loading page

Minimally-invasive coronary artery bypass grafting offers superior outcomes compared to conventional median sternotomy: a propensity-score matched study
  • +5
  • Duoduo Wu,
  • Zhi Xian Ong,
  • Haidong Luo,
  • GuoHao Chang,
  • Faizus Sazzad,
  • Jai Sule,
  • Peggy Hu,
  • Theo Kofidis
Duoduo Wu
NUS Yong Loo Lin School of Medicine
Author Profile
Zhi Xian Ong
NUS Yong Loo Lin School of Medicine
Author Profile
Haidong Luo
National University Hospital
Author Profile
GuoHao Chang
National University Health System
Author Profile
Faizus Sazzad
National University Heart Centre
Author Profile
Jai Sule
National University Hospital
Author Profile
Peggy Hu
National University Heart Centre Singapore
Author Profile
Theo Kofidis
National University Hospital Singapore
Author Profile

Abstract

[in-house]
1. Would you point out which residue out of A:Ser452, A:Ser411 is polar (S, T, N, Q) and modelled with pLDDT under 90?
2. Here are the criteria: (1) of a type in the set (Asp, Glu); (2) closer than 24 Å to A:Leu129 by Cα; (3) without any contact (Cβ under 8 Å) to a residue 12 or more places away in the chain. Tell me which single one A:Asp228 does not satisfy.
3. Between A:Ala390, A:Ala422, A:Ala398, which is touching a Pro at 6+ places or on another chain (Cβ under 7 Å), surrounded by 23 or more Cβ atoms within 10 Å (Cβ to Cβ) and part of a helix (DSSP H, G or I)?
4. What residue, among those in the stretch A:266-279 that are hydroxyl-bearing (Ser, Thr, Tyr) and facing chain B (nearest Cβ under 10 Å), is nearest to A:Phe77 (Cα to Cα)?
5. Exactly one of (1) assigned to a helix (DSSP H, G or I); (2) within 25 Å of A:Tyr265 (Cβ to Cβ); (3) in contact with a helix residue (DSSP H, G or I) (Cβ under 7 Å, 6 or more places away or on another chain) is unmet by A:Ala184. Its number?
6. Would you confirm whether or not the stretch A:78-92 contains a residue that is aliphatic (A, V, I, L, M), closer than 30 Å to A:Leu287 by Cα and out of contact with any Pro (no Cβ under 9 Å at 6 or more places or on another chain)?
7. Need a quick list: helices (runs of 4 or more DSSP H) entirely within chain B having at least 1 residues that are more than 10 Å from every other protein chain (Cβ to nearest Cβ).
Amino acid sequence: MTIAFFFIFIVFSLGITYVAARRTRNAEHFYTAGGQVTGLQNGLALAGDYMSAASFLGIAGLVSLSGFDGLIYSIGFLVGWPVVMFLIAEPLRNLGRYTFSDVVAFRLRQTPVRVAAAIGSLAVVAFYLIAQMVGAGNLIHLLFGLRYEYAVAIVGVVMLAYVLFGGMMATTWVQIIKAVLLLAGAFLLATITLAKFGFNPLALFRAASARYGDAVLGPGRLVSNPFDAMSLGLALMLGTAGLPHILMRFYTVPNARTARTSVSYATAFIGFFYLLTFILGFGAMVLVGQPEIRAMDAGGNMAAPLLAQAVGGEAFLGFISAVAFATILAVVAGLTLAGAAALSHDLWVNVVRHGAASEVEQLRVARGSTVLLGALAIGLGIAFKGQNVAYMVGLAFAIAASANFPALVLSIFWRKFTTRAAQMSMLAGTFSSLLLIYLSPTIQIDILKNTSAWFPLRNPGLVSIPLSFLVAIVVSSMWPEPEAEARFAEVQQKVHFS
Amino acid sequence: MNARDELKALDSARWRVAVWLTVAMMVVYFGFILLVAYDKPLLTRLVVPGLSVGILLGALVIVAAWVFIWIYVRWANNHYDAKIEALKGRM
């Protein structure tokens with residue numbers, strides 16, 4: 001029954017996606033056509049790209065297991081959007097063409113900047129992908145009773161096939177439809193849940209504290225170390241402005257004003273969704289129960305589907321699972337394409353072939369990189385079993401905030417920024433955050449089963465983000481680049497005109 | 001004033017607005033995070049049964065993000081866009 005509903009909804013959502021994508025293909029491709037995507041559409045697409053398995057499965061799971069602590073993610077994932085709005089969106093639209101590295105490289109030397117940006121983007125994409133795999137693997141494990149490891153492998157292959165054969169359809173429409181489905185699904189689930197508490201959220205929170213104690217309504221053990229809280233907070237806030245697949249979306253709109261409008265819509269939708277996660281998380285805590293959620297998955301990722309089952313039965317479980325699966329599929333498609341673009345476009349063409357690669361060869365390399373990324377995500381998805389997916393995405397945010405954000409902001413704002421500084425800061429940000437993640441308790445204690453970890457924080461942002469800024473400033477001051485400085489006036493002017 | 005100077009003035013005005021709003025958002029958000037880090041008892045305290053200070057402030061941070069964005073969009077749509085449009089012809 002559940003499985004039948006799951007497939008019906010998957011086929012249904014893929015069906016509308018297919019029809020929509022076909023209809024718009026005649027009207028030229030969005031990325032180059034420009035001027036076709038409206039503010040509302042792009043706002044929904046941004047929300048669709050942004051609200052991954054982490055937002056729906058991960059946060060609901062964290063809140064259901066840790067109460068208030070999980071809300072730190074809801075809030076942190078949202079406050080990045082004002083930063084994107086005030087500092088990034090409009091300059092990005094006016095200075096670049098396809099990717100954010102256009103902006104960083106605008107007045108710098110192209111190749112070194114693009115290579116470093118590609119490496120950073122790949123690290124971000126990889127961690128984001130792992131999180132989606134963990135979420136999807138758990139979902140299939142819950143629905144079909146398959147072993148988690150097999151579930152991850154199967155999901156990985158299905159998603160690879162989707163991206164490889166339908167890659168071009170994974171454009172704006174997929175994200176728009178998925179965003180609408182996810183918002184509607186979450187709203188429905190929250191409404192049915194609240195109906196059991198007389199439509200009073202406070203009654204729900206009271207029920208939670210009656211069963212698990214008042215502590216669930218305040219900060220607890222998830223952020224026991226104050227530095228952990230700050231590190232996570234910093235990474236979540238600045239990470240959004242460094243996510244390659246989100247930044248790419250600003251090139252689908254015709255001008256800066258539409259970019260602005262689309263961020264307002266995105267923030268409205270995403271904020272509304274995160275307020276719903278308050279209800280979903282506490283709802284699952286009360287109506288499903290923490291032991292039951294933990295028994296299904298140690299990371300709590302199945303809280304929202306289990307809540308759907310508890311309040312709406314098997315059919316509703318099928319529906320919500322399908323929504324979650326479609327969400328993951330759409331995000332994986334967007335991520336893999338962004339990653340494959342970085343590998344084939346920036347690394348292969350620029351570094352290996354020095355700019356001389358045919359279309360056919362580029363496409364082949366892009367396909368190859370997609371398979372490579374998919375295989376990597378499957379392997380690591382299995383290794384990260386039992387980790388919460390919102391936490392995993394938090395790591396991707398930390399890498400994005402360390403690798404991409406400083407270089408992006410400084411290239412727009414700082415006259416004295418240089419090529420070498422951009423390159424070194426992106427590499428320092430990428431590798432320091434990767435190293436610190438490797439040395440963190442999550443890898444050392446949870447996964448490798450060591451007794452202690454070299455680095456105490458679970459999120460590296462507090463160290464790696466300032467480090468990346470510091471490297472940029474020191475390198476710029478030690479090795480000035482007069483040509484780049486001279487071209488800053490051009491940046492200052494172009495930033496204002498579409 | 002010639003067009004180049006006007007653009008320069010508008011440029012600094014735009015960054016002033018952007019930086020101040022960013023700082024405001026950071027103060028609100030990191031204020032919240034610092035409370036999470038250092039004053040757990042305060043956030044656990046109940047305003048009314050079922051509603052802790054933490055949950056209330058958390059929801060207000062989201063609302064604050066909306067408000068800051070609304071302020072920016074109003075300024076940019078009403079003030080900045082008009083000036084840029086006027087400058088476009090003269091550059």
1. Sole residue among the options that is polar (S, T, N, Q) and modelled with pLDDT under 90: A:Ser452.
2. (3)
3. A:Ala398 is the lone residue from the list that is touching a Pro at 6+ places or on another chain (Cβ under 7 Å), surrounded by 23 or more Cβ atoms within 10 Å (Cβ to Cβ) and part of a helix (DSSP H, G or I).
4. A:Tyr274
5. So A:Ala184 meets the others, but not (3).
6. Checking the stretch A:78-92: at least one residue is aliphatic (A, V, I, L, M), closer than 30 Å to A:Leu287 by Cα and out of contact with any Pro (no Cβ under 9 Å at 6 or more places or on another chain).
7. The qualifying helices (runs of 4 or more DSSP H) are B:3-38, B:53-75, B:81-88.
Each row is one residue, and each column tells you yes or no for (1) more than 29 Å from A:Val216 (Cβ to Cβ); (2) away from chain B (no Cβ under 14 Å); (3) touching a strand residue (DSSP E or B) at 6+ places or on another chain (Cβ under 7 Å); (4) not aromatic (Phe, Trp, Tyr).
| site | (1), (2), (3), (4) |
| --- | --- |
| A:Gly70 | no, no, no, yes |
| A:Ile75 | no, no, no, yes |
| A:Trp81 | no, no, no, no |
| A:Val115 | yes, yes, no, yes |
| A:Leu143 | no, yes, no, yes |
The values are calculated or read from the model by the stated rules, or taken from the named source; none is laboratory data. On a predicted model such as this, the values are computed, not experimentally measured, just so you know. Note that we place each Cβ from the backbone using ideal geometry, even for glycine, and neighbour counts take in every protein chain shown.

Introduction This study aims to compare the outcomes of minimally invasive coronary artery bypass grafting surgery (MICS CABG) versus median sternotomy (MS CABG) within an established minimally invasive cardiac surgical programme in Singapore. Methods We retrospectively analysed 111 propensity-score matched pairs of patients who underwent MICS CABG or MS CABG between January 2009 and February 2020 at the National University Heart Centre, Singapore. Minimally invasive direct coronary artery bypass (MIDCAB) patients were matched to single or double graft MS CABG patients (Group 1) while multivessel MICS patients were matched to MS CABG patients with the corresponding number of grafts (Group 2). Results 111 propensity matched pairs were obtained. The EuroSCORE II in the matched group cohorts were comparable (p=0.846). In both single and multivessel groups, MICS patients experienced shorter postoperative length of stay (p<0.001) and lower rates of prolonged ventilation (p=0.041) . Intraoperative transfusion rates and other postoperative outcomes were comparable between MICS and MS patients in the single and multivessel groups.mortality, reintervention heart failure rates were also comparable at 1 year follow up. In Group 1, no significant differences in procedural duration (p=0.574) and cardiopulmonary bypass duration (p=0.699) were noted. Moreover, MIDCAB patients had a smaller drop in postoperative haemoglobin levels (p<0.001). In Group 2, cardiopulmonary bypass (p=0.097) and length of procedure (p<0.001) were longer among multivessel MICS patients but did not translate to adverse postoperative events. Conclusion MICS CABG is a safe and effective approach for surgical revascularisation of coronary artery disease.